Remodelling a 1930s house

Julie and Stuart Milton have transformed a run-down 1930s house into a stylish family home by adding side and rear extensions to create a garage area and spacious kitchen-diner with lots of glazing for added natural light

When Julie and Stuart Milton bought a large, dilapidated 1930s property, they didn’t originally intend to take it on as a personal project. The house had been owned by a local property developer who was building new houses nearby. He decided that he wasn’t keen to get involved with updating it, so Julie and Stuart stepped in with a view to renovating it and making a profit.

‘Stuart approached it from a purely business point of view,’ Julie explains. ‘We were simply planning to come up with some ideas for renovating it, get the work done, then sell the house and move on.’

Fact file

  • The owners: Julie Milton, who is a part-time flight services manager, and her husband Stuart, a financial adviser, live here with their two children, Ethan, four, and Bella, six
  • The property: A five-bedroom detached Arts and Crafts house dating from the 1930s
  • The location: Caversham, Berkshire
  • What they spent: The couple bought the property for £500,000 in 2007 and have spent almost £250,000 renovating and extending it in two phases. The house has recently been valued at around £1.1million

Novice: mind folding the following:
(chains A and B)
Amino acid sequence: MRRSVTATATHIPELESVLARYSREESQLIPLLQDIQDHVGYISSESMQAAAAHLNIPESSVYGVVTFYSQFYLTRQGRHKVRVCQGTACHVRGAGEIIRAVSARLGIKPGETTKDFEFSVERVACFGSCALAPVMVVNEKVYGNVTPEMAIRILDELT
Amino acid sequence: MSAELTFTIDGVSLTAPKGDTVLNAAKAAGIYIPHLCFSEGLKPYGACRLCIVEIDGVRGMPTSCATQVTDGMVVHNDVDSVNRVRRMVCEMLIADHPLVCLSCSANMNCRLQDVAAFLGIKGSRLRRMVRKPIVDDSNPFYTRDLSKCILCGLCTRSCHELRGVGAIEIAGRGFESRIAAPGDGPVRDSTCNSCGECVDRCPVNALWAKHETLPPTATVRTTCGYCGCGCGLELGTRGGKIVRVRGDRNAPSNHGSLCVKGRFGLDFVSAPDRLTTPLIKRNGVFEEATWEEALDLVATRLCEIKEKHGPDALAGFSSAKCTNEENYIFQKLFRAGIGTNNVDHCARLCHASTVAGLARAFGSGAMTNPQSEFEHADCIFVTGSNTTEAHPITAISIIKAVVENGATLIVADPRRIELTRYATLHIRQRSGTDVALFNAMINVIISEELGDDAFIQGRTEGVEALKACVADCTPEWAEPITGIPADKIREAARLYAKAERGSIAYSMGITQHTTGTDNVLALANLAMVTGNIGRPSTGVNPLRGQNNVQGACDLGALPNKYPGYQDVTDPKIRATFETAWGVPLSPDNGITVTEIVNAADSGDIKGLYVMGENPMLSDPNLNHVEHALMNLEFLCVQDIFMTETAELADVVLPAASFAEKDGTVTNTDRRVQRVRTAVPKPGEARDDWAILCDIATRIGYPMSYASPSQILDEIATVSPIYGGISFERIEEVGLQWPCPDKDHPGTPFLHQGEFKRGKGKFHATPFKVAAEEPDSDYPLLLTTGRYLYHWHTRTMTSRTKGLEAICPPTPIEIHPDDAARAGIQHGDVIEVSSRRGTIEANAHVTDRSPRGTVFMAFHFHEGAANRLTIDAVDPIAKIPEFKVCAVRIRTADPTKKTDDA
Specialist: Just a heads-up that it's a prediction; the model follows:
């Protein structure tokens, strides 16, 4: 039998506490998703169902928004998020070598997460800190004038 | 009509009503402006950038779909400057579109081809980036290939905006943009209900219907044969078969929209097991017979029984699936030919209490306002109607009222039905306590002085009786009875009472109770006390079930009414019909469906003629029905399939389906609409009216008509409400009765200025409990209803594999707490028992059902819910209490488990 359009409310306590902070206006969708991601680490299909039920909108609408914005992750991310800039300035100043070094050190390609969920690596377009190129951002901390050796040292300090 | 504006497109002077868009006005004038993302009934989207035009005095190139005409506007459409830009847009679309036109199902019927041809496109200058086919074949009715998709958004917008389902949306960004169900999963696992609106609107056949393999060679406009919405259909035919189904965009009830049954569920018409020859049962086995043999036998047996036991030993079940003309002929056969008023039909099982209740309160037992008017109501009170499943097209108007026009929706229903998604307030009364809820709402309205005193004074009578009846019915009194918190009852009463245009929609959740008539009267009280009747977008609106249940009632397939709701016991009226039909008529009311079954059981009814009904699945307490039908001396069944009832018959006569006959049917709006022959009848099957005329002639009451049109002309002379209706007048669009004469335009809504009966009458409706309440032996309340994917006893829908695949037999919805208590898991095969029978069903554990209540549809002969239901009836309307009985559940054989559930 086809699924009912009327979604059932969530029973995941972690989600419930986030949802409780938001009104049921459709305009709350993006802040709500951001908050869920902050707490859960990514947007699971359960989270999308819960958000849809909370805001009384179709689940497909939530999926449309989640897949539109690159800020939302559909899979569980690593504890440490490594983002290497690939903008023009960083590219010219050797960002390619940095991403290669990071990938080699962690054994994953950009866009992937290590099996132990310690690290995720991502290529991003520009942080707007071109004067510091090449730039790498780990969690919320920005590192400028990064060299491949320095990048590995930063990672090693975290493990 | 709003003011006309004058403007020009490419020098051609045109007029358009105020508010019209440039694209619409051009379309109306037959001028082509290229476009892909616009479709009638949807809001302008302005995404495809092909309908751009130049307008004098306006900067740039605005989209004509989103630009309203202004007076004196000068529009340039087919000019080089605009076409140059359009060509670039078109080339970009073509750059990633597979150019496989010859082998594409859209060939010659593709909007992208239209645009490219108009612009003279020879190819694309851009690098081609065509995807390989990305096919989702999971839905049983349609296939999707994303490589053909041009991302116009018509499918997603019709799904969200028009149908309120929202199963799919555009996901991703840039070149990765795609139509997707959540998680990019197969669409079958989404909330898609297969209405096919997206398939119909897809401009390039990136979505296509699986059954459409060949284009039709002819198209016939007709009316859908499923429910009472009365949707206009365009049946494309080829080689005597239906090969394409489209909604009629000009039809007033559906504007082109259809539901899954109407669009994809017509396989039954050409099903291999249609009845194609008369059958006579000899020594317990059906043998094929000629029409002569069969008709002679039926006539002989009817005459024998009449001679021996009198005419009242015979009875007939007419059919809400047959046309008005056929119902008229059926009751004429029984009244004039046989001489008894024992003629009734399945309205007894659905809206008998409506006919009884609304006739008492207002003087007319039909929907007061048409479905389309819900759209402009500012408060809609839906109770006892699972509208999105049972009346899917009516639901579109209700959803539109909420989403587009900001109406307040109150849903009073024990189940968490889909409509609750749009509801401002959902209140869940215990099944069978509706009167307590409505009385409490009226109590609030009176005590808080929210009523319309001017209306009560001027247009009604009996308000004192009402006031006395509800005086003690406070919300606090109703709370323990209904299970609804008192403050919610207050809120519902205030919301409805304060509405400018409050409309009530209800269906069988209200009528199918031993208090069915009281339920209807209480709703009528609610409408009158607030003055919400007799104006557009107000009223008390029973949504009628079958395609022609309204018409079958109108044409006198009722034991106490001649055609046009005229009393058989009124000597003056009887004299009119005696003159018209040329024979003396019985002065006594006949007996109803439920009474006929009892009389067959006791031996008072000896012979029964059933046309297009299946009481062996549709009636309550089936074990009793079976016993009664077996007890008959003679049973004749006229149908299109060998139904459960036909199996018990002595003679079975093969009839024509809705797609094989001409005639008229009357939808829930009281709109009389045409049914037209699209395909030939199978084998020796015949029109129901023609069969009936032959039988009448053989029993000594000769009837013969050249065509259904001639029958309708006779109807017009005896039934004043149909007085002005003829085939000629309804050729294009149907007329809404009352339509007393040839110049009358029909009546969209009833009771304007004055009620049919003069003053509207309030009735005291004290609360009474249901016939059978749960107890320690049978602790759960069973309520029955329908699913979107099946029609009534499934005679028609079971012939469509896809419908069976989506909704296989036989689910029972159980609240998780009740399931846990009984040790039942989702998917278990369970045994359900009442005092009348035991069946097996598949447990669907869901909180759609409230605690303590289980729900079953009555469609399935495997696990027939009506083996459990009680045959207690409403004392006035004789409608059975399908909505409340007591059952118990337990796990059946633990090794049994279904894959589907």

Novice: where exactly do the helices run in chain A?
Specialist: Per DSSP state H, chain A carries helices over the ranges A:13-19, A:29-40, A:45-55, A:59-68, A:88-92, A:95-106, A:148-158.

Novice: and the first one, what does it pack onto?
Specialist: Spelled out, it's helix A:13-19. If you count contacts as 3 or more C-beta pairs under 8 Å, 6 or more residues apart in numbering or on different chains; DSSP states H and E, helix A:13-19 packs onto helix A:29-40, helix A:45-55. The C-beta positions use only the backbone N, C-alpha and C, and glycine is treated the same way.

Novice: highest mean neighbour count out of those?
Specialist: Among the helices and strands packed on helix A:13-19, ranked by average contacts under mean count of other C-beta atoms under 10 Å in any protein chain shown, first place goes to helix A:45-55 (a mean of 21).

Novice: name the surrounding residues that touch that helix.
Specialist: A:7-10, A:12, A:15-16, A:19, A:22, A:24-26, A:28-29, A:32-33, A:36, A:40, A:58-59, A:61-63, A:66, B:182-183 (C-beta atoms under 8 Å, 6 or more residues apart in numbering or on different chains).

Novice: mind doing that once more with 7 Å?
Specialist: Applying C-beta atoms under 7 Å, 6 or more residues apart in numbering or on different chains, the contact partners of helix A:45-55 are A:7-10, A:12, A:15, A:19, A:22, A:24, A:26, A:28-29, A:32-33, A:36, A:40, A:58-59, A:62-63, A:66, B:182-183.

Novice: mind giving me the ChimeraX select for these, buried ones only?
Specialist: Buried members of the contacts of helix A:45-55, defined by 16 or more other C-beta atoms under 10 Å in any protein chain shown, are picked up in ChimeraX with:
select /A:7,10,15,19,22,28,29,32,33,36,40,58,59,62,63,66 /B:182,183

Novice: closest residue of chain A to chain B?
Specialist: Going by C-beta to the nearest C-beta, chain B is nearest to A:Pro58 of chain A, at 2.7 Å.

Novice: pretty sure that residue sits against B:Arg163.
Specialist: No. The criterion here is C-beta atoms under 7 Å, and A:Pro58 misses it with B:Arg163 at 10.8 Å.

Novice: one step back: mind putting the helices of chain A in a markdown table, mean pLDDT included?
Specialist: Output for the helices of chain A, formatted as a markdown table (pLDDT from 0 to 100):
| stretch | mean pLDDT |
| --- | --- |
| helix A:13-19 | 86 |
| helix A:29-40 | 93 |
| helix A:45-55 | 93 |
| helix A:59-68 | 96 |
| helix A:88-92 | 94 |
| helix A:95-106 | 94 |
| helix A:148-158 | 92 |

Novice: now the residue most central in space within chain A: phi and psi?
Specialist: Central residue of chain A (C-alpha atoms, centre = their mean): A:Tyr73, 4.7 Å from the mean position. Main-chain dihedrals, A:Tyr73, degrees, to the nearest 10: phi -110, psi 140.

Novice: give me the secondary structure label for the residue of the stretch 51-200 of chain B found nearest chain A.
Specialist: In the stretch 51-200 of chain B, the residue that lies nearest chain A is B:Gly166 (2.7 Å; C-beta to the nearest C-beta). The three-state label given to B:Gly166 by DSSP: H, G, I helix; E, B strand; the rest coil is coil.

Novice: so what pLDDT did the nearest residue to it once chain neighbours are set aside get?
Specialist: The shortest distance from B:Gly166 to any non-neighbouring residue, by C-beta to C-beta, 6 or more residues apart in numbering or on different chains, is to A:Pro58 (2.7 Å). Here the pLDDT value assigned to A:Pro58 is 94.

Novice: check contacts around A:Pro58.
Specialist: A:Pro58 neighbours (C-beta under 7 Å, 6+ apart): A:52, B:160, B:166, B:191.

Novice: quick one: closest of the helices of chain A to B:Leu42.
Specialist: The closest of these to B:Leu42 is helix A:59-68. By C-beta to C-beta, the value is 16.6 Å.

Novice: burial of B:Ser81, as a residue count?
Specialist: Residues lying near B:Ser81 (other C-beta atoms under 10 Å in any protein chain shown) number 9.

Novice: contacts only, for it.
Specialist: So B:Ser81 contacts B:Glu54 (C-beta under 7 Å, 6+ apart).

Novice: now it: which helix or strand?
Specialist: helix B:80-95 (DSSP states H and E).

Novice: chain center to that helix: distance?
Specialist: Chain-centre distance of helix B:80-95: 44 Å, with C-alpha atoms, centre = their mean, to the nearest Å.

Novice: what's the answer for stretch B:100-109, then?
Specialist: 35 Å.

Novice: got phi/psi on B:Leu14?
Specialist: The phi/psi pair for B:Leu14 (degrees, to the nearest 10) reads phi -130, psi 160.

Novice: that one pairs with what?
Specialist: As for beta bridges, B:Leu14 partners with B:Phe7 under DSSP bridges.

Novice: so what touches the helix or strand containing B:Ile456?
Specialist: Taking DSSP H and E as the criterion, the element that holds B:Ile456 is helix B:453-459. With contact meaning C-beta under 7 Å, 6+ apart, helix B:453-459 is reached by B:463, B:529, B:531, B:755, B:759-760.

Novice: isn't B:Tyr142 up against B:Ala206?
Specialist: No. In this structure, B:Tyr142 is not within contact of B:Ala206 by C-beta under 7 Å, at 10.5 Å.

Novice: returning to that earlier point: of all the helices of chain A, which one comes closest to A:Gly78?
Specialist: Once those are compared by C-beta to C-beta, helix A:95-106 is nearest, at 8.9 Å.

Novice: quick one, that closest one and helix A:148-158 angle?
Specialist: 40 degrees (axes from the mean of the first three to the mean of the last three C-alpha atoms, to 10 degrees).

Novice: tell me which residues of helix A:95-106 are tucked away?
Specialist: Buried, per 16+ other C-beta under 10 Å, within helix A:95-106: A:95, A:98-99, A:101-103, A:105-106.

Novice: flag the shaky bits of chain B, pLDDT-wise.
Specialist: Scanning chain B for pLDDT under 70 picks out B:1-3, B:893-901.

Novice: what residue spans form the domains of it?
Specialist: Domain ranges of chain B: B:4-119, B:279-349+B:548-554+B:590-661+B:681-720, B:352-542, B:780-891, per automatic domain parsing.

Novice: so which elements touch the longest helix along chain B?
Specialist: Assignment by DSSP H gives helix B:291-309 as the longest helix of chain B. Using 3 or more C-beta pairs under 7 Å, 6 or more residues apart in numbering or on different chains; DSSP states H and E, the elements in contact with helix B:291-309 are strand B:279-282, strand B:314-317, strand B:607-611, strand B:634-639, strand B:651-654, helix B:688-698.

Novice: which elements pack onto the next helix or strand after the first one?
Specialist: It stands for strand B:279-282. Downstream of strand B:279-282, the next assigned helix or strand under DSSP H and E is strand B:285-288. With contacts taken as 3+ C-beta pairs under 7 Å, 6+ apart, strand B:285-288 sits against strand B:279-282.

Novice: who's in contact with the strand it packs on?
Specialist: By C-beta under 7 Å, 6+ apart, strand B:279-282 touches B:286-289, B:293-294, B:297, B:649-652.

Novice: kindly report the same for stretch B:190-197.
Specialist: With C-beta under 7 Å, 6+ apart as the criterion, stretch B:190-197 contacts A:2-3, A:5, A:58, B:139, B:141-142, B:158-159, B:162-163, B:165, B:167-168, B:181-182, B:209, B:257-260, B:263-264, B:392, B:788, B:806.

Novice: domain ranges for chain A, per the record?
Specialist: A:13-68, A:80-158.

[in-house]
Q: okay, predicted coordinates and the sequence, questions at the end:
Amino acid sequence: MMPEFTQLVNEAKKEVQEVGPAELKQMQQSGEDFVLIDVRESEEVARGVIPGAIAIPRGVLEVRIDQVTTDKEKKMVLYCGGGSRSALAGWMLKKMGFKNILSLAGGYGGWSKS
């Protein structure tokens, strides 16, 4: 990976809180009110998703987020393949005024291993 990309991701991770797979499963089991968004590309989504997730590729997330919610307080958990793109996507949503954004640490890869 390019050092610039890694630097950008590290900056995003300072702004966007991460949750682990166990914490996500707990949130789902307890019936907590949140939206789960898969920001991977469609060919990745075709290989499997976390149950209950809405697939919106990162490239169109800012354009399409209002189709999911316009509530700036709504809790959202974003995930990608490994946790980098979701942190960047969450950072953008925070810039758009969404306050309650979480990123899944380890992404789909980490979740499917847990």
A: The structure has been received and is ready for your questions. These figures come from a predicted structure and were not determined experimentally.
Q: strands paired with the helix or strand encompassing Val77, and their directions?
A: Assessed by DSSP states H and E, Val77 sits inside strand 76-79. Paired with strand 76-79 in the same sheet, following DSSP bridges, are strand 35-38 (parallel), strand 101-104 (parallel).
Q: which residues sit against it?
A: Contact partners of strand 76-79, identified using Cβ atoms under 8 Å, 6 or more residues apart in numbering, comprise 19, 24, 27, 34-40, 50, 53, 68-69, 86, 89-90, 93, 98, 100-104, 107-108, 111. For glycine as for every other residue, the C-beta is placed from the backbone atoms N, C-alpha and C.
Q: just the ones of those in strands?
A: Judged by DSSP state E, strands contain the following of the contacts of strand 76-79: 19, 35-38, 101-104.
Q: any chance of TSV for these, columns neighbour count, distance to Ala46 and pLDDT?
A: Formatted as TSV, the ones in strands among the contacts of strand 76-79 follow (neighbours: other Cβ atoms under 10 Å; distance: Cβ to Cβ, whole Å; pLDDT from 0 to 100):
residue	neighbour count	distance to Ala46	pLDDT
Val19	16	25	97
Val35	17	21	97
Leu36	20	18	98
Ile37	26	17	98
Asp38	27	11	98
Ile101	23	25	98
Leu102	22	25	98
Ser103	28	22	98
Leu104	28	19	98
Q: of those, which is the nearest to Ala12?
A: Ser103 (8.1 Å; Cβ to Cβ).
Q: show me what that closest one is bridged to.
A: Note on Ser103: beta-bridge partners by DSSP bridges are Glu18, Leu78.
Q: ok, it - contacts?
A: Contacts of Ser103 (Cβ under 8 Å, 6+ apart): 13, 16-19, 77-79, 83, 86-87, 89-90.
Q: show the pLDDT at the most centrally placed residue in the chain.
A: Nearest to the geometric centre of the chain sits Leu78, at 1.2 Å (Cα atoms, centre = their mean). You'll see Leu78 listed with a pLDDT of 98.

Planning the renovation

Once the purchase was completed, the couple set about drawing up plans for a large family house, with one eye firmly on maximising its appeal to future buyers.

‘We thought carefully about what had changed since the property was originally built and what people want in a modern home today,’ Julie explains. ‘We planned to keep all the authentic features, such as the wooden doors, Arts and Crafts architecture and large bay windows, but complement them with the up-to-date additions that many properties this size would usually feature.’

The Miltons hired an architect and a structural engineer to draw up plans for a substantial double garage on an unused plot of land to the right of the house, plus an old lean-to would be rebuilt as a smaller garage. They also planned a kitchen extension to the rear and a new front porch area, which would include a study.

The interior layout was to be completely transformed, with the second floor remodelled to create a guest suite, and new french windows were to be fitted at the rear of the living room.

Garden dining room

The build

‘We moved in five years ago, around Christmas, and the build was carried out in the spring of the following year,’ Julie recalls. ‘It took four months and was fairly manageable. Most of the work, including the garage extension, didn’t affect our daily lives, but we decided to stay with relatives when the kitchen extension was under way.’

Thinking they would be selling up and moving in the not-too-distant future, Julie and Stuart didn’t want to get too attached to the house, so they decided to keep the décor as neutral as possible in order to appeal to prospective buyers.

‘We painted everything off-white,’ Julie explains. ‘As we were leading busy lives and the children were young, it was actually a while before we could even think about putting the house on the market.’

As the couple continued living in the reconfigured space, they began to appreciate how it had transformed the property, which led to them considering staying there themselves rather than selling up.

‘We realised that we’d created a lovely home that suited us down to the ground,’ Julie admits. ‘As our two children were getting older, we all really enjoyed spending time in the garden. We also love socialising, so the large kitchen with its separate dining room, breakfast bar and chill-out zone was absolutely perfect for us.’